Apologize for not getting this readily but as a follow-up to #2:

How would I use bootstrapLavaan()to request the CI for Rsquared?

Code I used to request R squared:

out=lavaan::sem(model1, data=dat, meanstructure=TRUE, missing="fiml",se="boot",bootstrap=1000)

summary(out, standardized=T, rsquare=T)

R squared values produced by Lavaan: M1 (mediator 1) M2 (mediator 2) Y (DV)

--

You received this message because you are subscribed to the Google Groups "lavaan" group.

To unsubscribe from this group and stop receiving emails from it, send an email to lavaan+un...@googlegroups.com.

To post to this group, send email to lav...@googlegroups.com.

Visit this group at https://groups.google.com/group/lavaan.

For more options, visit https://groups.google.com/d/optout.

Mar 12, 2019, 5:44:55 PM3/12/19

to lav...@googlegroups.com

Thank you, as always, for your responses.

Apologize for not getting this readily but as a follow-up to #2:

Code I used to request R squared:

out=lavaan::sem(model1, data=dat, meanstructure=TRUE, missing="fiml",se="boot",bootstrap=1000)

summary(out, standardized=T, rsquare=T)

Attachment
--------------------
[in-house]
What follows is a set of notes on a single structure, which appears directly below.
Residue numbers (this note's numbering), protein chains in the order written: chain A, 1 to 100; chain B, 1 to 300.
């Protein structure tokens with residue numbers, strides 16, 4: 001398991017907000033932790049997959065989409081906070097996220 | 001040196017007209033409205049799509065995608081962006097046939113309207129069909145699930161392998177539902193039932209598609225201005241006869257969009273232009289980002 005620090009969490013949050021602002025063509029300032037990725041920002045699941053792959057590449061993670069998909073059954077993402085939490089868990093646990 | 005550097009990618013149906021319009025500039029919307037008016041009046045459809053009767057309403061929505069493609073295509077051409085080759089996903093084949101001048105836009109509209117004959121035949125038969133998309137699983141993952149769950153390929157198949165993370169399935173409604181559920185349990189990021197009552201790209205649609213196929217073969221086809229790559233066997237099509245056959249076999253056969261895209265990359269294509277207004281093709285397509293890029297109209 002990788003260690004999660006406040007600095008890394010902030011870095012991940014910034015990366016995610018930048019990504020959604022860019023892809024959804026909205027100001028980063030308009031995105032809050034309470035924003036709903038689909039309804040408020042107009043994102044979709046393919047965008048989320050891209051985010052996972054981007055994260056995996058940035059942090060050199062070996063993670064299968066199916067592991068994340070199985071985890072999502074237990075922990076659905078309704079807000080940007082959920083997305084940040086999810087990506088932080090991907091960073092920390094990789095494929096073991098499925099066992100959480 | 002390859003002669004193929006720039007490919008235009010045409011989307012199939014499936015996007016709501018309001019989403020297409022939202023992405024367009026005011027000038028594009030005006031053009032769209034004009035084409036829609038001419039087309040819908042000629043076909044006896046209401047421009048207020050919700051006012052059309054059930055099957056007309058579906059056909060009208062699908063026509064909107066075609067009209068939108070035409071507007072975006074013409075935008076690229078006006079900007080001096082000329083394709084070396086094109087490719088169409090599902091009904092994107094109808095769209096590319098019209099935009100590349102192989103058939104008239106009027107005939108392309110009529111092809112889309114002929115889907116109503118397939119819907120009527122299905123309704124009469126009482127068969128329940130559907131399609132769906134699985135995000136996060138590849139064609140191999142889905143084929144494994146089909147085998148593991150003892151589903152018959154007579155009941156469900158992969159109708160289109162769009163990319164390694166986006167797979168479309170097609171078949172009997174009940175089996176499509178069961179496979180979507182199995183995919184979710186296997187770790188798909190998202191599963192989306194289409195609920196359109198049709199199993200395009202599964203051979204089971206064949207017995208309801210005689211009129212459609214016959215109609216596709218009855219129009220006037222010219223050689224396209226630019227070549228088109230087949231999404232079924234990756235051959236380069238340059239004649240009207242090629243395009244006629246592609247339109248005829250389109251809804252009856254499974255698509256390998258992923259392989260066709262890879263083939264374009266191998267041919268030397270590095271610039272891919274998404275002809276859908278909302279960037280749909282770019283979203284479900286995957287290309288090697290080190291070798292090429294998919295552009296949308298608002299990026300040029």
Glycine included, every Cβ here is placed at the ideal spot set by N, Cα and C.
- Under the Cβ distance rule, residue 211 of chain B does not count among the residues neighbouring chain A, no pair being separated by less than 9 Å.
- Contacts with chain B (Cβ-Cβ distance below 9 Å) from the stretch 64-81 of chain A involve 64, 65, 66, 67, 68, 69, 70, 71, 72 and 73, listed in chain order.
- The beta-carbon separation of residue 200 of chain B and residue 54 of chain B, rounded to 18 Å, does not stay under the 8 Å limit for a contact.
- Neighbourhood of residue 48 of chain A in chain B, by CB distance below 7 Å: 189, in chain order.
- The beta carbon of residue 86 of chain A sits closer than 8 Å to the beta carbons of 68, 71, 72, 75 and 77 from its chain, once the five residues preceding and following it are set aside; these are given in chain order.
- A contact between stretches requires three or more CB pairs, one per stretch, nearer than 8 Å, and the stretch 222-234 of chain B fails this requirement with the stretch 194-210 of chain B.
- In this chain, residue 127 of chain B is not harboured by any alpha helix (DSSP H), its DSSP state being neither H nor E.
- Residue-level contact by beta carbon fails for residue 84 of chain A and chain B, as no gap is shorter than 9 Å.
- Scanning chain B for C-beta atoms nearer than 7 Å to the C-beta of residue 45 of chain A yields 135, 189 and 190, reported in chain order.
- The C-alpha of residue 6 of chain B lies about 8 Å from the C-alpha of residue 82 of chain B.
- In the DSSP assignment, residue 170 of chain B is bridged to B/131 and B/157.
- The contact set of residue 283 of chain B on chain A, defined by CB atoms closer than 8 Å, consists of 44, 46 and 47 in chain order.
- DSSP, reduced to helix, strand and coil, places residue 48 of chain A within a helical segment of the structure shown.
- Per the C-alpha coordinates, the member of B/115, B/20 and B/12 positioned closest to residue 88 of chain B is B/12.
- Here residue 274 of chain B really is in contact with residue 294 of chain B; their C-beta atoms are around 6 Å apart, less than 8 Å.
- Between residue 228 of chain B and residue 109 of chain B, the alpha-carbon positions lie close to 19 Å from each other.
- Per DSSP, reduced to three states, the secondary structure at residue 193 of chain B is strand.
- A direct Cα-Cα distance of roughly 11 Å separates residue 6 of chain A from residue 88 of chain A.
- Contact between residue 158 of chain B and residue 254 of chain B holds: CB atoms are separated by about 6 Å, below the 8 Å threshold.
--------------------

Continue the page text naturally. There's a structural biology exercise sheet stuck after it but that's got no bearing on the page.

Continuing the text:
R squared values produced by Lavaan: M1 (mediator 1) M2 (mediator 2) Y (DV)

This may not be a Lavaan question but I'd appreciate any help with making sense of these findings.

Mar 21, 2019, 6:05:06 AM3/21/19

to lavaan

Question 1:How would I use bootstrapLavaan()to request the CI for Rsquared?

Is it possible to get CI's for these three R squared values? If so, what is the code I should use?

You can use the parameterEstimates() function, with rsquare = TRUE, then extract the values you want from the data.frame it returns.

`example(sem)`

(PE <- parameterEstimates(fit, rsquare = TRUE)) # the R-squared values are in rows where "op" is "r2"

PE$est[PE$op == "r2"]

As described on the help page, write a function that accepts your lavaan object, and returns what you want, then pass that to bootstrapLavaan()

`myFunc <- function(object) parameterEstimates(object, rsquare = TRUE)$est[PE$op == "r2"]`